O Canada’s new words
I have this terrible problem with change. My wife and I have owned a timeshare at Club Intrawest since 2007. I like owning there because it forces us to go on holidays and we don’t have to worry about the trials and tribulations of recreational real estate ownership. We’ve used our points to travel to Zihuatanejo, Palm Desert and Whistler. But a couple of years ago, it was decided that the Club had to change its name and “rebrand.” A survey was sent out to solicit input from timeshare owners and it asked for ideas for the “new name.” Being a change-resistant curmudgeon, my first choice was Club Intrawest. My second choice was Club Intrawest. And my third choice was Club Intrawest. My advice was not taken, and Club Intrawest was rebranded as “Embarc” against my wishes (and the wishes of most of the other owners). So, in protest, I never call it “Embarc.” I don’t like the change and I refuse to acknowledge it. Consider it a combination of laziness, old age, nonviolent resistance and free speech.
A few years ago, my old alma mater decided to rebrand and change its official name from “University of Western Ontario” to “Western University.” When I was there in the 1970s, everyone called it “Western” in normal conversation, (sort of like “Tony”) but its official name was always the “University of Western Ontario” (sort of like “Anthony”). These days, I grimace every time I hear “Western University.” So, in protest, I refuse to acknowledge the new name and always make a point of calling it the University of Western Ontario. Because I don’t like change, my intransigence is a combination of laziness, old age, nonviolent resistance and free speech.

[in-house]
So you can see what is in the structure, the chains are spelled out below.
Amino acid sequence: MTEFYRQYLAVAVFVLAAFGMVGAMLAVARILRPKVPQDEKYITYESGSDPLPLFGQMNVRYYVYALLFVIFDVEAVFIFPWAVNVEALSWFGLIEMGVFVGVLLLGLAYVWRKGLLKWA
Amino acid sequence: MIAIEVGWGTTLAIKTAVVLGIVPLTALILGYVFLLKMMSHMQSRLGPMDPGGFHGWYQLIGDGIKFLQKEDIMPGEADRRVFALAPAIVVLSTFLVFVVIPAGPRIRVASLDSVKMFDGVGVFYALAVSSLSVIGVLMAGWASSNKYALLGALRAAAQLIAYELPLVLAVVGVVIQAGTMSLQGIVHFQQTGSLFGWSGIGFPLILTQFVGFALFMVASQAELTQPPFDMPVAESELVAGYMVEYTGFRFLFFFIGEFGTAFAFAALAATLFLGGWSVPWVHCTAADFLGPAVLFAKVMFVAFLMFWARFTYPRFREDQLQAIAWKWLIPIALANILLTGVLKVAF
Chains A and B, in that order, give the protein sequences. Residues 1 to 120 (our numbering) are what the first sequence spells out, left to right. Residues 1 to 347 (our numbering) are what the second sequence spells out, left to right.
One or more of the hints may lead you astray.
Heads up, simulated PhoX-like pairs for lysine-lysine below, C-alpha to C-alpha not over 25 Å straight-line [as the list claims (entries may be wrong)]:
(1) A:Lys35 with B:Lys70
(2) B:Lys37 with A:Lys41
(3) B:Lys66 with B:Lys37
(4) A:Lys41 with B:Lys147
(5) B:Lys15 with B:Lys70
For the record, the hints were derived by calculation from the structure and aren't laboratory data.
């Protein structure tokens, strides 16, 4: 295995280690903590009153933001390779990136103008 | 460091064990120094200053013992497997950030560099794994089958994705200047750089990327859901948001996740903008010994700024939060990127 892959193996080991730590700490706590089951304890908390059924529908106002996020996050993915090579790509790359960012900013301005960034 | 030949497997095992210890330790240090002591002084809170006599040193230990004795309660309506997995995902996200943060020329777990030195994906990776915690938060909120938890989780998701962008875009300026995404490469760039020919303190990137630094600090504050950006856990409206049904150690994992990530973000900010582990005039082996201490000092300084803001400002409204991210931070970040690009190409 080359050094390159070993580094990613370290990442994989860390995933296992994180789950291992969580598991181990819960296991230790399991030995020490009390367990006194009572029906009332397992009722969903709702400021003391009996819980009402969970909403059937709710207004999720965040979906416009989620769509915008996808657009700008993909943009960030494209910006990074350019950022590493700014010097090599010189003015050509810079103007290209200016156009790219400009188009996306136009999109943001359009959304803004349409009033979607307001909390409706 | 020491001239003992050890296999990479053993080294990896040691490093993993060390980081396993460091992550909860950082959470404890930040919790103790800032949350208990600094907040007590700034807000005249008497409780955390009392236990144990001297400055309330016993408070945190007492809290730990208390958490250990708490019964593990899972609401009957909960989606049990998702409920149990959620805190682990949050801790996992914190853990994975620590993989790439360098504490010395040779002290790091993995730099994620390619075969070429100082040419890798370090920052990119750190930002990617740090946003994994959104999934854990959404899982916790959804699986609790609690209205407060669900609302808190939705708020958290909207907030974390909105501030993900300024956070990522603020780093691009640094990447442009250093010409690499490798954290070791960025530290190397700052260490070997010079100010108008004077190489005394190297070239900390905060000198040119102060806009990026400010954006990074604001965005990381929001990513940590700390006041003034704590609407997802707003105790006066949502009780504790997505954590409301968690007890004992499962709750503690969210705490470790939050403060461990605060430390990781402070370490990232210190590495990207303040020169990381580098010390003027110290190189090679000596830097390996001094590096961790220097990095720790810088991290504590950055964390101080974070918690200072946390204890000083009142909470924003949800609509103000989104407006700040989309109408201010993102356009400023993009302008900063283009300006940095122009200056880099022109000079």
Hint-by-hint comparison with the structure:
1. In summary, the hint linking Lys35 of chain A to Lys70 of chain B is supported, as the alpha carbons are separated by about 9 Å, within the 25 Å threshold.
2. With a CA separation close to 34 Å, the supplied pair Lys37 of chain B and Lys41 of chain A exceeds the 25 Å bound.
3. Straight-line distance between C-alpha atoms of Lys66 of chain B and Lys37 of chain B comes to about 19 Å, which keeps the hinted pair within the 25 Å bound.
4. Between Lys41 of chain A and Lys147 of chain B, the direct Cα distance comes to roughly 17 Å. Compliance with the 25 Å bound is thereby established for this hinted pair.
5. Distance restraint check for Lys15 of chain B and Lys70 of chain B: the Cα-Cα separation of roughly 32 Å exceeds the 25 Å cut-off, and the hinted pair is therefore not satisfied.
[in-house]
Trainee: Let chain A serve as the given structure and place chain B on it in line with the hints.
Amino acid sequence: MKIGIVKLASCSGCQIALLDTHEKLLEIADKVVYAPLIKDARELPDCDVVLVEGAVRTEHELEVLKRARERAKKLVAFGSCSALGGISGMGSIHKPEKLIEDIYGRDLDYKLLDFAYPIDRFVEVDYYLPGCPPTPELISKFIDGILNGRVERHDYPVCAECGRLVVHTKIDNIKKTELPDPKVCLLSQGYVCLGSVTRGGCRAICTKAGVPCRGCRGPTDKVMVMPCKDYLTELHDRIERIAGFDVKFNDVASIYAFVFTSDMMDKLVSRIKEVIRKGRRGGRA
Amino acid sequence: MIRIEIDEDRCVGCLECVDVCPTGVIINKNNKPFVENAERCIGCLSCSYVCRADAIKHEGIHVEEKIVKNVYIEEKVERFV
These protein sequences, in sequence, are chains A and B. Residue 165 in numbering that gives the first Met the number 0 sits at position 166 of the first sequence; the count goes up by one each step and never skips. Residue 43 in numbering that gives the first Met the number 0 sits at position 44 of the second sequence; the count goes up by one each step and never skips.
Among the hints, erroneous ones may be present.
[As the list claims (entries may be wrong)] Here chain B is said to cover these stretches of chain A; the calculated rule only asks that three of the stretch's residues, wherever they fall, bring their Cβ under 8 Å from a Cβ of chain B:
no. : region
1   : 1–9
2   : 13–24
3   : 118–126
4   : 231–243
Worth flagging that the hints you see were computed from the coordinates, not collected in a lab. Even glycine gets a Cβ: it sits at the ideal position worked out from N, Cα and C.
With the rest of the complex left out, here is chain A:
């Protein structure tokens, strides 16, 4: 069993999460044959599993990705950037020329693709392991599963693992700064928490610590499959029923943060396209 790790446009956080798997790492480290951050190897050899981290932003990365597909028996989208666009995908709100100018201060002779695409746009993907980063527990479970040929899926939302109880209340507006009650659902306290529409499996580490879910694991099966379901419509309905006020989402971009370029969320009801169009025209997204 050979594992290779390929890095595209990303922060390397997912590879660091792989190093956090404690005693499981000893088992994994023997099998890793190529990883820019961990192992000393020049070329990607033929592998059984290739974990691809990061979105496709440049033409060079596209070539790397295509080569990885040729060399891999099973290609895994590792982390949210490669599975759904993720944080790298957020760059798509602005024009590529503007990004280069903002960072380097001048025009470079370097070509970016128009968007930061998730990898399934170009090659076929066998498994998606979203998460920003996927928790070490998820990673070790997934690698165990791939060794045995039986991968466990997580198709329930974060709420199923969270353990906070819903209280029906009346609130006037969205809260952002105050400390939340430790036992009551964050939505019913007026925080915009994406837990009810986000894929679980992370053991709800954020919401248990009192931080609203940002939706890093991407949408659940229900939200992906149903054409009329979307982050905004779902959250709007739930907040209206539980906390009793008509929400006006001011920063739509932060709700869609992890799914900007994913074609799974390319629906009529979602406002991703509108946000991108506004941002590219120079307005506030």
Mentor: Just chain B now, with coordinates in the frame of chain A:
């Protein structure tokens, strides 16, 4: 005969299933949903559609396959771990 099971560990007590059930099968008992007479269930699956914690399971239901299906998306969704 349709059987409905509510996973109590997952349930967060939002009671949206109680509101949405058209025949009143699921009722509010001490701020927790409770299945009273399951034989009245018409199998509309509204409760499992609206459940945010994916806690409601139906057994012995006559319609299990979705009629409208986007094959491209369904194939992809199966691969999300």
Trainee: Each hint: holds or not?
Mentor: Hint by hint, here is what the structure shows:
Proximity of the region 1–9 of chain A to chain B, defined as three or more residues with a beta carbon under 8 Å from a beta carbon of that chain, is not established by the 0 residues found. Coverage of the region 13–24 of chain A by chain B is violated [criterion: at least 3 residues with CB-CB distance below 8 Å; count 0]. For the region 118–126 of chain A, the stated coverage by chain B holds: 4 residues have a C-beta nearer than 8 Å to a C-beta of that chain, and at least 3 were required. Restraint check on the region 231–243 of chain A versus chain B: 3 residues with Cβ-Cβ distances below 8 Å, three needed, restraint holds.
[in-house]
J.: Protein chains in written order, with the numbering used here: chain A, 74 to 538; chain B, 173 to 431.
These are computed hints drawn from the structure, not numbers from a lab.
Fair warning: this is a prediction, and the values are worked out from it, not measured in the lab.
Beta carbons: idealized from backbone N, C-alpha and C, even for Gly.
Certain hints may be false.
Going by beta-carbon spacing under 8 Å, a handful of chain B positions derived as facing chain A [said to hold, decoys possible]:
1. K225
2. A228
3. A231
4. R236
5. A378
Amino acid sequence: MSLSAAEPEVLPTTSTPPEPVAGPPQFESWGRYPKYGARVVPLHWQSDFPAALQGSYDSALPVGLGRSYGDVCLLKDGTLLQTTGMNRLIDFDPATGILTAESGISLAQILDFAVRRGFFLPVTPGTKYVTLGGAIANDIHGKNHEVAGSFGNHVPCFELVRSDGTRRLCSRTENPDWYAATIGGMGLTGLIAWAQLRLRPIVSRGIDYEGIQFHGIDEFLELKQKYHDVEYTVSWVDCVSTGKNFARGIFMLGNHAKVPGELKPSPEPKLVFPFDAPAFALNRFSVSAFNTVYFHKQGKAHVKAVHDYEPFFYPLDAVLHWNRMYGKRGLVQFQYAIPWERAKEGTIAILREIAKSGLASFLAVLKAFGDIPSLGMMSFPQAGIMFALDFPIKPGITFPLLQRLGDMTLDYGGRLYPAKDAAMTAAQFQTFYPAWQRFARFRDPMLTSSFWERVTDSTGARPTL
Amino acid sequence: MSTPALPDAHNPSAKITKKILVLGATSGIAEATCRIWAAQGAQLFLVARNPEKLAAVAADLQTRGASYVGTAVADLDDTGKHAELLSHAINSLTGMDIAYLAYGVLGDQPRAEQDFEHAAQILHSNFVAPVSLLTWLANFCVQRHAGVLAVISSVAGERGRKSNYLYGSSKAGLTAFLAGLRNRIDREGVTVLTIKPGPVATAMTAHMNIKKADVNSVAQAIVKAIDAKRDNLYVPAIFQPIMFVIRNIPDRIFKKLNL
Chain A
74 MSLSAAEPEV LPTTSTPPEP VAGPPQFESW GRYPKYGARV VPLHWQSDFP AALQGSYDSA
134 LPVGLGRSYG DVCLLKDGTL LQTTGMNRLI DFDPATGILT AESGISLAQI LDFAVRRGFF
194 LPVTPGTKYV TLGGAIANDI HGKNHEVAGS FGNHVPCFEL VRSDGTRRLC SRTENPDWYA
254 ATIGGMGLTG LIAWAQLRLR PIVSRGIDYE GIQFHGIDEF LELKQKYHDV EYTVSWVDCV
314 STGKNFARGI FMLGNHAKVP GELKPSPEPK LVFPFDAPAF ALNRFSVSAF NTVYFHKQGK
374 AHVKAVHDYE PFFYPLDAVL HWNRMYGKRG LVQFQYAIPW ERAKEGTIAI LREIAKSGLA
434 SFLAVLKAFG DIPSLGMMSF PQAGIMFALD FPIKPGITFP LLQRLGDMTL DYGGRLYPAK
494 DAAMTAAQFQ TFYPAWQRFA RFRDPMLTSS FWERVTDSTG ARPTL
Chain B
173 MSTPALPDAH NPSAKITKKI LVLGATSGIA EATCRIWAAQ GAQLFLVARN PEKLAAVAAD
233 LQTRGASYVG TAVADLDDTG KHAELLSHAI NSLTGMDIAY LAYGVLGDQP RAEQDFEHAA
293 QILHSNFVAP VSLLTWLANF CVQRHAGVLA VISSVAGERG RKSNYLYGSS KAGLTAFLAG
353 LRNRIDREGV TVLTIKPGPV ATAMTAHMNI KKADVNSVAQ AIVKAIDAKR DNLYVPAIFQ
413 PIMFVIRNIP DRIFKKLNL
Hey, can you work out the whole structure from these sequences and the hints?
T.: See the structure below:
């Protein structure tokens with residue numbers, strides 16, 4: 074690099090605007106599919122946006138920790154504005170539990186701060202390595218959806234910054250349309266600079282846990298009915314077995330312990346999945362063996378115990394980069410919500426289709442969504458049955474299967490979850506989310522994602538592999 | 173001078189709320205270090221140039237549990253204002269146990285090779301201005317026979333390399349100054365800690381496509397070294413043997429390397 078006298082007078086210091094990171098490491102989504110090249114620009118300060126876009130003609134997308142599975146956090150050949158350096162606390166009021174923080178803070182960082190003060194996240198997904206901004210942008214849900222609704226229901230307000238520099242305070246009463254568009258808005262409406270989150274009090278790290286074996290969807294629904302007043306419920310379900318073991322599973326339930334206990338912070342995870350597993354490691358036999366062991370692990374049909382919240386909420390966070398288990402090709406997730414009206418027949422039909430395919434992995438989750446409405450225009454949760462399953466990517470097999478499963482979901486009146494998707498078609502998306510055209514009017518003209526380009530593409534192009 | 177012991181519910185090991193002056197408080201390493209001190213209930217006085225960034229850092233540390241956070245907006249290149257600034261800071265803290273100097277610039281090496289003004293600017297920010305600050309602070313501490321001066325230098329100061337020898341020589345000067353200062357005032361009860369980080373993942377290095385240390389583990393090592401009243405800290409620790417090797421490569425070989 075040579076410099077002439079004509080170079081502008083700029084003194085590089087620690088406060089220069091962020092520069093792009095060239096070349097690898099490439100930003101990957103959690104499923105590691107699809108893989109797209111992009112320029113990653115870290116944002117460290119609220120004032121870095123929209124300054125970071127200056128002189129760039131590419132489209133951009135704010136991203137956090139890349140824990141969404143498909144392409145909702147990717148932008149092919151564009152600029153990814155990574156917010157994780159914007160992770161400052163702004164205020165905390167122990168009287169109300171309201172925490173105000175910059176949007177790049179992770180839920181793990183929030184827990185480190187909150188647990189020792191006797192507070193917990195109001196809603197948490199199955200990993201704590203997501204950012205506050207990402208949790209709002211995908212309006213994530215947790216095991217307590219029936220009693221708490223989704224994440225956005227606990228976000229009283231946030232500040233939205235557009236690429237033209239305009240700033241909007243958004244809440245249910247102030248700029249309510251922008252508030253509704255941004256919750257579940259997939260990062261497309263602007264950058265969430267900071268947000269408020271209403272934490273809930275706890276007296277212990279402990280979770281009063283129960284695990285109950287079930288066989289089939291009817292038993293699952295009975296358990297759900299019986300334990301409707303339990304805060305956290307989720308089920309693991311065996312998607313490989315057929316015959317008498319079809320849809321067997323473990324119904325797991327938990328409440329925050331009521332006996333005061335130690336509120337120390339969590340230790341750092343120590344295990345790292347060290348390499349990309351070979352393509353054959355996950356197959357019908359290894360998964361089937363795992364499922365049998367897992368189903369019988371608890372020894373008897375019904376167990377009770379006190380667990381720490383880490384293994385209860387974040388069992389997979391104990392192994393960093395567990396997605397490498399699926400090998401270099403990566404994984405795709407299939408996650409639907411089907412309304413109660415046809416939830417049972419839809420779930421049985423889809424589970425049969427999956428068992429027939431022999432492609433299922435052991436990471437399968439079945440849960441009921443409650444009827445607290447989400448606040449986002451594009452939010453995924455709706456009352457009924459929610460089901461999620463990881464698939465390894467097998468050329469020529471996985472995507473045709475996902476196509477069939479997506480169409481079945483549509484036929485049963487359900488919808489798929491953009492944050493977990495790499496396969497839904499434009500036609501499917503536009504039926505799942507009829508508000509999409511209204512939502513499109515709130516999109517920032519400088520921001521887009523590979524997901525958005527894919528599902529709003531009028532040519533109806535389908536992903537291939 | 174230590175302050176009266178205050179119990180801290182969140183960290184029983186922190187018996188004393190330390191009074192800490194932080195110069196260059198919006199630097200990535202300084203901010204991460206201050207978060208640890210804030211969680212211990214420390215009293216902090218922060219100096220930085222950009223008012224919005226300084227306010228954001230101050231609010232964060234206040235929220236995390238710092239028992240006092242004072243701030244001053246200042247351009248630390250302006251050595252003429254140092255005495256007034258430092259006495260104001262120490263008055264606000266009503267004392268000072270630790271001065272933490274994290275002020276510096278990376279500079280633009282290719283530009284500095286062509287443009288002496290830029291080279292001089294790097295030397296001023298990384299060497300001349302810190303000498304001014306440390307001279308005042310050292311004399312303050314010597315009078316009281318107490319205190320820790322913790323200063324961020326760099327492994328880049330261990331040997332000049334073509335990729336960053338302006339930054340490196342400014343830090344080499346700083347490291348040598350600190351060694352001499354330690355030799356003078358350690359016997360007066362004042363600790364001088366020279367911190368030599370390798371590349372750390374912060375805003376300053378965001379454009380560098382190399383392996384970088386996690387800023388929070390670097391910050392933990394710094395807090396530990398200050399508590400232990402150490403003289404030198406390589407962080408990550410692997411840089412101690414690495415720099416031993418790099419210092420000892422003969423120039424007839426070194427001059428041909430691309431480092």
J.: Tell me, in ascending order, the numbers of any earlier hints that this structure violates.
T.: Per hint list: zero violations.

That brings me to yet another change. I think, for the second or third time in my life, the official words to “O Canada” have changed. The second line of the anthem’s English version was changed in January to “in all of us command” from “in all thy sons’ command” to make our anthem more inclusive and gender neutral.
My first impression was that this was an exercise in political correctness and I’d simply ignore the change, like I’ve ignored Club Intrawest’s new brand and the newly minted “Western University,” and sing O Canada the way I learned it in 1964.
But when I looked deeper into the history of “O Canada,” I realized the 1908 words were the inclusive and gender neutral “thou dost in us command.” They were changed to “all thy sons command” not for grammatical reasons, but for political ones. They were changed at the start of the First World War to inspire wartime patriotism when Canadian “sons” were sent off to fight the Kaiser as part of the British Empire. A little more homework revealed the 1914 change was a subtle exercise in wartime propaganda and 1914-political correctness, instigated at a time when women were neither soldiers, nor voters nor persons, (but who still made up 50% of the population).
I considered the position of those opposed to the change, particularly the homework-challenged scandalmongers at Ontario Proud, who were outraged by the change to our anthem and who claimed the words “all thy sons command” were a part of Canada’s “sacred history,” somehow forgetting that Canada is composed of sons AND daughters, and ignoring the fact that women have been part of our armed forces for generations. Some have died serving Canada.
So, despite my problem with change, I know what side of history I’d rather be on, and it’s not the side that doesn’t do their homework. It’s the side of change. I’m going to embrace the new words to “O Canada” for my daughter, my wife, my late mother, my late grandmothers and all those other Canadians who aren’t anyone’s sons. I’m going to embrace the new words because inclusiveness is the zeitgeist of our era.
It’s not 1914 anymore.
Tony Wilson, QC is a franchise lawyer at Boughton in Vancouver and a Bencher of the Law Society. The views expressed herein are strictly those of Tony and do not reflect the opinions of the Law Society, CBABC, or their respective members.